I'm usually a pretty skeptical person but I believe there is a correlation with me anyways. I have an "omron hem-712c" payed like 40 bucks for it at amazon great investment does heart rate and bp and stores 30 readings in memory. I don't try to correlate an hour before or an hour after eating something but what I do is I keep a photo log, (I take pictures of the readings I take and rename the files to the specific time and date I took them.) I include my thumb in the photo and point it up or down to indicate my general condition. 3/4 the way up would be feeling fairly well but not at my best, 3/4 the way down not at my worst but feeling pretty crappy etc. what I am trying to do is see if there is a pattern that correlates to the way I feel. Generally my heart rate is high when I'm feeling bad 80-100, and bp is low 100 over 60. I've had it as low as 80 over 60 and I was feeling extreme vertigo that lasted all day or even a couple of days on some occations, not the type when you get up quickly that is fleeting and caused by a sudden lack of blood in your head.
    SickOfSickness likes this.
  3. chilove

    chilove Senior Member

    You are on to something. I often feel my pulse increase after eating a food my body isn't currently liking and sometimes my heart actually starts pounding pretty hard after eating something...
  4. justy

    justy Donate Advocate Demonstrate

    I have that experience too chilove. If i eat a lot of wheat and sugar toether my heart pounds when im in bed and i cant sleep.

    I tried the pulse test with wheat a number of years ago - a nutritionist advised it. my pulse increased with all gluten - this was backed up by a skin prick test i had done as a child at an allergy clinic in london. However despite cutting out gluten entirely for a couple of years i noticed no difference in any symptoms. I have gone back to eating moderate amounts and if i dont overdo it it has no noticeable affect on me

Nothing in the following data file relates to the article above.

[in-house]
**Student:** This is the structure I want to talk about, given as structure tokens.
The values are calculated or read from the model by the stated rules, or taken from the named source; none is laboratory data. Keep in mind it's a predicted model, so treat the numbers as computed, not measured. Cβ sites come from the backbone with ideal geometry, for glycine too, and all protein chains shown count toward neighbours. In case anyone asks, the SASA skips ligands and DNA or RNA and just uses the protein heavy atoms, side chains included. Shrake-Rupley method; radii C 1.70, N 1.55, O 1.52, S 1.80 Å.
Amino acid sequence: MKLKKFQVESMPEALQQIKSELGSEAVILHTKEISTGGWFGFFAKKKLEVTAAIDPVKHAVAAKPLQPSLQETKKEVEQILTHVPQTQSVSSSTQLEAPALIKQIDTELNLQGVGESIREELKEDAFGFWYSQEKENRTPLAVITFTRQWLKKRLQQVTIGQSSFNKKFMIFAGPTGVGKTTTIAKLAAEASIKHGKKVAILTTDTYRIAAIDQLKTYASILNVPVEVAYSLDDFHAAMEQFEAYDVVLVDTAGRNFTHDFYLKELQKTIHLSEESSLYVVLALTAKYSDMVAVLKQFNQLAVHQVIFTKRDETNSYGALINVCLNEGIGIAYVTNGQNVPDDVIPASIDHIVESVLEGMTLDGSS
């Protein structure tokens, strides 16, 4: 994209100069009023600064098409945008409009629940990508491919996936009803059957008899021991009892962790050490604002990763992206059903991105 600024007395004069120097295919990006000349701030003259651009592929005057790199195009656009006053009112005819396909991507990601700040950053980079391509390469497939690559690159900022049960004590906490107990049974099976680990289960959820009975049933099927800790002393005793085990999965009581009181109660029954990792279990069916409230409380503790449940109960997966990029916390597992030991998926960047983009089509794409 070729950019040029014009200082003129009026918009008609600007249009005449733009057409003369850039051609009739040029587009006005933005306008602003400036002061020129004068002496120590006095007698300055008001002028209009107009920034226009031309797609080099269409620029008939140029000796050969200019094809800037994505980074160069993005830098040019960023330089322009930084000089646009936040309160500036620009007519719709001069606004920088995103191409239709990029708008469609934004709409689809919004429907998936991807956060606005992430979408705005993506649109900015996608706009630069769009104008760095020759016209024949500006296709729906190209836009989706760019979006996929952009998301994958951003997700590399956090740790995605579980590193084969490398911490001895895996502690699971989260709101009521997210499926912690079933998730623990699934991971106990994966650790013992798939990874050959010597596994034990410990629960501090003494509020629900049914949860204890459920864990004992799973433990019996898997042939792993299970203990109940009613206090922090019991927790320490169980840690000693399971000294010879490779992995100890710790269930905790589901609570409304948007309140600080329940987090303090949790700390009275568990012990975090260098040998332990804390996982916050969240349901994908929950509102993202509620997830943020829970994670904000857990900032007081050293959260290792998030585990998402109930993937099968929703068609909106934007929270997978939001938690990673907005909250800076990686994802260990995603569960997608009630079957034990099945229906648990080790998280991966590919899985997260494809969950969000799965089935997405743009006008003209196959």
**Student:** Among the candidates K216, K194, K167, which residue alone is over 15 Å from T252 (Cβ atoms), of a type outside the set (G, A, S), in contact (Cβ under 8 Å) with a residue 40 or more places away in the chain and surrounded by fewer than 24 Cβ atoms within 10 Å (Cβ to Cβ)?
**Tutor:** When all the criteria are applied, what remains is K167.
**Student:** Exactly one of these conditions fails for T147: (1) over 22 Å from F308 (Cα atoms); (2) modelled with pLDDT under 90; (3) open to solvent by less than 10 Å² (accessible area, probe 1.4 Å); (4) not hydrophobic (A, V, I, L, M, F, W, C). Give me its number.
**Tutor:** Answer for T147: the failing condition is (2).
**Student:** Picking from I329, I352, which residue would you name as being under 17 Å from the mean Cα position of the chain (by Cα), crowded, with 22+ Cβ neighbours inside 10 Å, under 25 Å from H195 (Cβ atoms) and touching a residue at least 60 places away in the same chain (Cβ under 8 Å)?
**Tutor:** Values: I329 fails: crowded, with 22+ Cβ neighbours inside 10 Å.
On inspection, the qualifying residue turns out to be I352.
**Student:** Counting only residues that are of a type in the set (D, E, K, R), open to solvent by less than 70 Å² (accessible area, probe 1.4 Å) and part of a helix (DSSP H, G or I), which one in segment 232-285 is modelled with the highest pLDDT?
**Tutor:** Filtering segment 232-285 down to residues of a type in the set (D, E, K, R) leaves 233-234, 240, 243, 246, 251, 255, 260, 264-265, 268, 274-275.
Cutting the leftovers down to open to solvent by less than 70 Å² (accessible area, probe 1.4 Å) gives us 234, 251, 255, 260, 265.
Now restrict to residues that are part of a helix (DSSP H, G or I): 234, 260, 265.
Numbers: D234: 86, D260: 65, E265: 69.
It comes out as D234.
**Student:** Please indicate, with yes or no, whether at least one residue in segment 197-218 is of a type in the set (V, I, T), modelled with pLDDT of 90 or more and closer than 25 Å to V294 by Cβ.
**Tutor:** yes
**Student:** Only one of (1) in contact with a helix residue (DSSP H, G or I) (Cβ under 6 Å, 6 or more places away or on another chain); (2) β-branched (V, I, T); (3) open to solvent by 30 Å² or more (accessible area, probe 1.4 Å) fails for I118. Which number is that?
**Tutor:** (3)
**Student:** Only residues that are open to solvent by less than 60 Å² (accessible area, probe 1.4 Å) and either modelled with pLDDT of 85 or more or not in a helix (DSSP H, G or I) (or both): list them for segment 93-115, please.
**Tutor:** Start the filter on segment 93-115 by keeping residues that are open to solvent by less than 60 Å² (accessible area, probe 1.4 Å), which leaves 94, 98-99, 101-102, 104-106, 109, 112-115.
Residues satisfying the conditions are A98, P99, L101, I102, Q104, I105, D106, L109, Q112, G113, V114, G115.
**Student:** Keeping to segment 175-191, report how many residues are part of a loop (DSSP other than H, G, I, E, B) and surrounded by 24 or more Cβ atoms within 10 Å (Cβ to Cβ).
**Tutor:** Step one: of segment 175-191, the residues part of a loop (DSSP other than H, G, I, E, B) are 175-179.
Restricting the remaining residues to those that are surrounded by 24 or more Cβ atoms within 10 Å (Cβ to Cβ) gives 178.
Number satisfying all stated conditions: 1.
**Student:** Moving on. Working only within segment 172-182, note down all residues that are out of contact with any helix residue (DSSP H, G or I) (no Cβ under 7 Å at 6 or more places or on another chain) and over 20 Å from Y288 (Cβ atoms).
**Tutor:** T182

5. determined

    determined Senior Member

    USA: Deep South
    Wow! This brings back ancient memories....Way back, in the beginning of my illness, I found a book about MS and how foods that you eat could affect the progression of symptoms.

    The author suggested this pulse test. This was the start of my awareness that foods were making my symptoms worse.

    I don't have have MS, but the book was very valuable for me.. it came out in the early 1980s.
  6. antares4141

    antares4141 Senior Member

    Truth or consequences, nm
    Not saying your assessment isn't right but possibly if you have a mold problem that could be masking your gluten sensitivity.

    Another thing to consider is the sensitivity might not be confined just to gluten. When I discovered the food connection that I was in denial about for years I read about celiac disease and because that is well documented and accepted by main stream I decided I didn't have a whole lot to lose be avoiding gluten for a while. First 3 days were dramatic but for about a year I'd been chasing those results and couldn't seem to duplicate them again.

    Quite by accident I found eating fried potatoes and meat "only" no fruit no vegtibles, no nuts just potatoes yield very noticeable improvement in my condition. So it's possible that some other food was masking positive results you might have otherwise benefited from being off of gluten. I'm drinking orange juice and soda and grapefruit juice just cause I can't stand drinking water and I get cravings out the ying yang if I don't. Not sure if it's dragging me down some or not, it's unfortunally going to take me a long time and a lot of hard knocks to figure out what else I can tolorate but at least with this diet I have a base line to go from. If it doesn't kill me from coronary heart disease first.
    Robert Christ